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  • Steph

legacy and research

In Trompe L’Oeil, I play Mona. As in the Mona - the Mona Lisa. In our very first rehearsal and meeting with the writer when we started developing this play, our director Meg asked us to bring in some preliminary research for our paintings. And wow - there is a lot of stuff out there. I knew the Mona Lisa was a big deal. I mean she is everywhere. But when you start looking, if you pay attention, she really is everywhere. I went home for Christmas and we watched Glass Onion - MONA. My mom was reading a detective novel - MONA. My brother got my parents a Christmas card - MONA. She really is used so much in popular culture. What a legacy. I think it’s pretty safe to say that whomever sat for this portrait - be it Lisa or Isabella - the legacy was unexpected. In fact, the Mona Lisa didn’t actually gain her incredible popularity until she was stolen in 1911. I’ve done my research.

So that was problem number one. With so much research to choose from, such a legacy to understand, how do you make any choices at all?


The second problem was that our Mona is rather unsavoury. Cecile has written an absolutely brilliant script in which women get to debate difficult topics about how we relate to being women. She is a difficult women, this character Cecile has written. I wanted that. I specifically asked to play someone a little ugly, a little knotted, a little complicated.


So how to marry these two issues?


I think it came in stages. Initially the research was helpful - to understand who she was, whose she is based on, why she’s important to the art world. I hung my hat on the fact that the majority of visitors to the Louvre go just to see the Mona Lisa. THat’s one hell of a responsibility. I started there. What would that feel like? How would that affect self-image? How would that affect the notion of responsibility? Because after all, with great power etc. etc.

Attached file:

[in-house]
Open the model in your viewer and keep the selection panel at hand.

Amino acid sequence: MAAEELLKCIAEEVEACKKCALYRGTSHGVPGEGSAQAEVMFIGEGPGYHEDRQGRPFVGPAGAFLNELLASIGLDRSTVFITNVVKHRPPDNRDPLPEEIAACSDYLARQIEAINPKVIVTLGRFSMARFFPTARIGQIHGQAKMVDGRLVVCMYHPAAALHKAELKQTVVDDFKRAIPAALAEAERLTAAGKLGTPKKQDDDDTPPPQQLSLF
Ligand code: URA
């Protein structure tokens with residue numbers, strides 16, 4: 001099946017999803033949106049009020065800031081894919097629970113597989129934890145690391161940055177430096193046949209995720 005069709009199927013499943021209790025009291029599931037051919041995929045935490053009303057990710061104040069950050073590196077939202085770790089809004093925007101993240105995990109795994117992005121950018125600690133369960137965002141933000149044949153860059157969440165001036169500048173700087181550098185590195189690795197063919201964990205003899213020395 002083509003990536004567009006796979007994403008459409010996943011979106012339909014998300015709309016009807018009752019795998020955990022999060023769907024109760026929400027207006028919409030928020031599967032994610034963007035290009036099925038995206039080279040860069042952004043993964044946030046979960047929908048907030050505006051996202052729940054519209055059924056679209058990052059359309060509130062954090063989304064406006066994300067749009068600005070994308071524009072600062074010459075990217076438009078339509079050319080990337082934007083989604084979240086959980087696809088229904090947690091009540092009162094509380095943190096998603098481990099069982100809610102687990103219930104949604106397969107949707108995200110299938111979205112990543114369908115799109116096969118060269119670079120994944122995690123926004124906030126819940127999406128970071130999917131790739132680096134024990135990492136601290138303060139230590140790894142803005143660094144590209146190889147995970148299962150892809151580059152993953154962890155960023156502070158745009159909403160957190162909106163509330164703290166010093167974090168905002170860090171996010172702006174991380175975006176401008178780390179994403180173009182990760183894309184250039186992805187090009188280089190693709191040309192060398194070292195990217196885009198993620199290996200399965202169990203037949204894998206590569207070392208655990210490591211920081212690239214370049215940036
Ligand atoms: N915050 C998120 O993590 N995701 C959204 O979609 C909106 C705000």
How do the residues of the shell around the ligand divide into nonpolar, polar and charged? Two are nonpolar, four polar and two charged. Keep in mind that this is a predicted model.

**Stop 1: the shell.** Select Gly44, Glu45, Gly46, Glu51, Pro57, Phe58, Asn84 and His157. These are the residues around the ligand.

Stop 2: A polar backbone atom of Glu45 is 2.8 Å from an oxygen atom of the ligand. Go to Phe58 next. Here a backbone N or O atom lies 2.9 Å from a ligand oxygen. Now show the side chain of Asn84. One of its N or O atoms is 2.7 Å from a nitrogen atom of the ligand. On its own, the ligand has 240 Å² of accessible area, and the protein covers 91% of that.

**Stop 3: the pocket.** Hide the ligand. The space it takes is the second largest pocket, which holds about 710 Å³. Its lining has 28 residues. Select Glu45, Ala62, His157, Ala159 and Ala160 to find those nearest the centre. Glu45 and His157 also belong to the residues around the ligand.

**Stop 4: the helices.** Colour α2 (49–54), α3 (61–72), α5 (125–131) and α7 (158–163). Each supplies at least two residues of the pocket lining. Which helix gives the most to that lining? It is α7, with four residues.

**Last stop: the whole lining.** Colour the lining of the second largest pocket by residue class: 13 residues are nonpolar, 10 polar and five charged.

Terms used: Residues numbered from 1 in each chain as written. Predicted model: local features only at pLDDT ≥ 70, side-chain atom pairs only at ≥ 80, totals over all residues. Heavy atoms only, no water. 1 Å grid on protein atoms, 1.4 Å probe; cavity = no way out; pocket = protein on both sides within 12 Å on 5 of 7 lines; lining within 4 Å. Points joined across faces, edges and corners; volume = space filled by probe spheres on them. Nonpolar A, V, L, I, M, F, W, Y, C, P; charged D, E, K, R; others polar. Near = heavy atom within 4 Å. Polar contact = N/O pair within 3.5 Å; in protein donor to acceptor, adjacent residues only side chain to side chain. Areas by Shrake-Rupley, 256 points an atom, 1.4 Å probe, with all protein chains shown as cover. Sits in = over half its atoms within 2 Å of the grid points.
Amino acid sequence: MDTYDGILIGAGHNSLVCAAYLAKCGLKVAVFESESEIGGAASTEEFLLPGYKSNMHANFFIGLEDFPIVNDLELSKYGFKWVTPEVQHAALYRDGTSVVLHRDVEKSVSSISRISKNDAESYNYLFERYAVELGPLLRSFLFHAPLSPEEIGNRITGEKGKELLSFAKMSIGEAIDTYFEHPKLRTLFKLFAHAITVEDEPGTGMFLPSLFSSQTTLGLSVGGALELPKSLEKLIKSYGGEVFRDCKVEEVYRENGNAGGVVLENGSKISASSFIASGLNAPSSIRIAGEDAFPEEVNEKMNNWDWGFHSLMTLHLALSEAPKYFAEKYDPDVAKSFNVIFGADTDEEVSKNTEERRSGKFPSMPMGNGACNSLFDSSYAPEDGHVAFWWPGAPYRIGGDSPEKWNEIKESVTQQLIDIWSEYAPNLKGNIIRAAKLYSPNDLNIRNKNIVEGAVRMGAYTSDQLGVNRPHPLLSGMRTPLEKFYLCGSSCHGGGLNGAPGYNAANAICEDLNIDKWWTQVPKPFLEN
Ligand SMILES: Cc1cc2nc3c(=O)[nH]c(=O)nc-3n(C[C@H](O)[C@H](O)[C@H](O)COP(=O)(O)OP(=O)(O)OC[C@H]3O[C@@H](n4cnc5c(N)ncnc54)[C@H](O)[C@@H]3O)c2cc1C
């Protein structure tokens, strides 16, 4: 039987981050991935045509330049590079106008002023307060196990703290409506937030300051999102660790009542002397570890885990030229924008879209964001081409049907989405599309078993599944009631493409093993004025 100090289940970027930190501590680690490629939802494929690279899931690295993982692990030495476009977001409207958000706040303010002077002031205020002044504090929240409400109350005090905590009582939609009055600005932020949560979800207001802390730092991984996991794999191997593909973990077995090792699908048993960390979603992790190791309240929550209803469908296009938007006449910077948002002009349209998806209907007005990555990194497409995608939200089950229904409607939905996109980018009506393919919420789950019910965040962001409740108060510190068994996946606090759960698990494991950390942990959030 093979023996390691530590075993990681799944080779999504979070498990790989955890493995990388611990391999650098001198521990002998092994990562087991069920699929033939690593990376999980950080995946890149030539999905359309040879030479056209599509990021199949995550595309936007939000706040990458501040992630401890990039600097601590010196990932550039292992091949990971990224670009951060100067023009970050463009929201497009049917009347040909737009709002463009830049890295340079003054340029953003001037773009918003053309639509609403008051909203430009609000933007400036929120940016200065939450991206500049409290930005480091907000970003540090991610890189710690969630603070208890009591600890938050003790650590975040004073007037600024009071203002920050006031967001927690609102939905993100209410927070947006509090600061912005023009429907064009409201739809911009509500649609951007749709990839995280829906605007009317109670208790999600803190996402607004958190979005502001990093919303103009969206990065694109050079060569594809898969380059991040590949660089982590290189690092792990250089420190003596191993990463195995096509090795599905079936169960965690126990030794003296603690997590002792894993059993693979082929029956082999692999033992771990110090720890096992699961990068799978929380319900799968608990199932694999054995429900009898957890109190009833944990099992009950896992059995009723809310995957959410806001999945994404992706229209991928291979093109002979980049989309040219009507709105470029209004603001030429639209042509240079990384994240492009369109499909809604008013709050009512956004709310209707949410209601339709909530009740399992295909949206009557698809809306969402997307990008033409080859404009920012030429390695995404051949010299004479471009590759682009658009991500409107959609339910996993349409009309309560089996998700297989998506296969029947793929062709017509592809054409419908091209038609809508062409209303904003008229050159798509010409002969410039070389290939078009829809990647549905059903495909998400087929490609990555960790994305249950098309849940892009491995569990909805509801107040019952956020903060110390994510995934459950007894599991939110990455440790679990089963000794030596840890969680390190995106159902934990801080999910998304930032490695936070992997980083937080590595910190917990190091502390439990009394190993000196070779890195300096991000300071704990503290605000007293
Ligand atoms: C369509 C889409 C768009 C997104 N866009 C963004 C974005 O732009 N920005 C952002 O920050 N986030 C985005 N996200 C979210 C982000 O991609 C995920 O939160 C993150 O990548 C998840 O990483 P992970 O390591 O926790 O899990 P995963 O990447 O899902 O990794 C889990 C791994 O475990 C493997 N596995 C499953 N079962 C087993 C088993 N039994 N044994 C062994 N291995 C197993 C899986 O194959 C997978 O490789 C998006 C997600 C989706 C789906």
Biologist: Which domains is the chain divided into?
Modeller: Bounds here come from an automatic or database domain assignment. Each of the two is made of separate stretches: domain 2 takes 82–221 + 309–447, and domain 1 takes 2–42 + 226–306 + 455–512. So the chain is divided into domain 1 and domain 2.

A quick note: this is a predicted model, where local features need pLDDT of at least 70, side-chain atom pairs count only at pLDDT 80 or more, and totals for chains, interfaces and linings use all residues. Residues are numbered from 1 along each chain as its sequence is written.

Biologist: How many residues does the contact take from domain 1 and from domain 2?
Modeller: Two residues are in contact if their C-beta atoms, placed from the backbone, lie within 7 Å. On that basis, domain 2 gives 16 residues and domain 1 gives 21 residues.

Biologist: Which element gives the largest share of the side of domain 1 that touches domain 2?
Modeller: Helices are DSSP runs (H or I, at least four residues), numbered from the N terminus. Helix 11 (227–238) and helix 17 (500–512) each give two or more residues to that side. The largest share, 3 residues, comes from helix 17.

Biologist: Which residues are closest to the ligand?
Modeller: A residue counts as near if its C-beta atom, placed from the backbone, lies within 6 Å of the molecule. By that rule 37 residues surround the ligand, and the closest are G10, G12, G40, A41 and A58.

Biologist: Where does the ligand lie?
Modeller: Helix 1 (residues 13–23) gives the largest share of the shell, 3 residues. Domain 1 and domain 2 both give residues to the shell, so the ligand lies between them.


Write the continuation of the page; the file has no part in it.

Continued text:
The second stage was to based choices on the words, the script, and less on the history of the woman who sat for this painting. In our particular play, these characters have been created and written by Cecile to serve a specific purpose: to start a conversation around assault and abortion. We were not setting out to create a historical piece about these women. So while the history was indispensable to the creation of character, the main crux of decision making and understanding came from the script and the clues Cecile had given me as to who she was. I combed through the script, answering the following questions:

  1. What do I say about myself

  2. What do others say about me

  3. What do I say about others

I find them a helpful place to start. Plus I get to make a table. I love a table.


And then it was time to play. That’s not really a third stage because ideally it happens throughout and Meg creates a rehearsal room where play is encouraged and applauded. I am excited and nervous for this upcoming show - which is always a good sign. I’ve enjoyed this particular research and development of character because it has allowed me to use so many tools. The final stage is letting go. Oh, and I suppose having fun. We do love this job after all.

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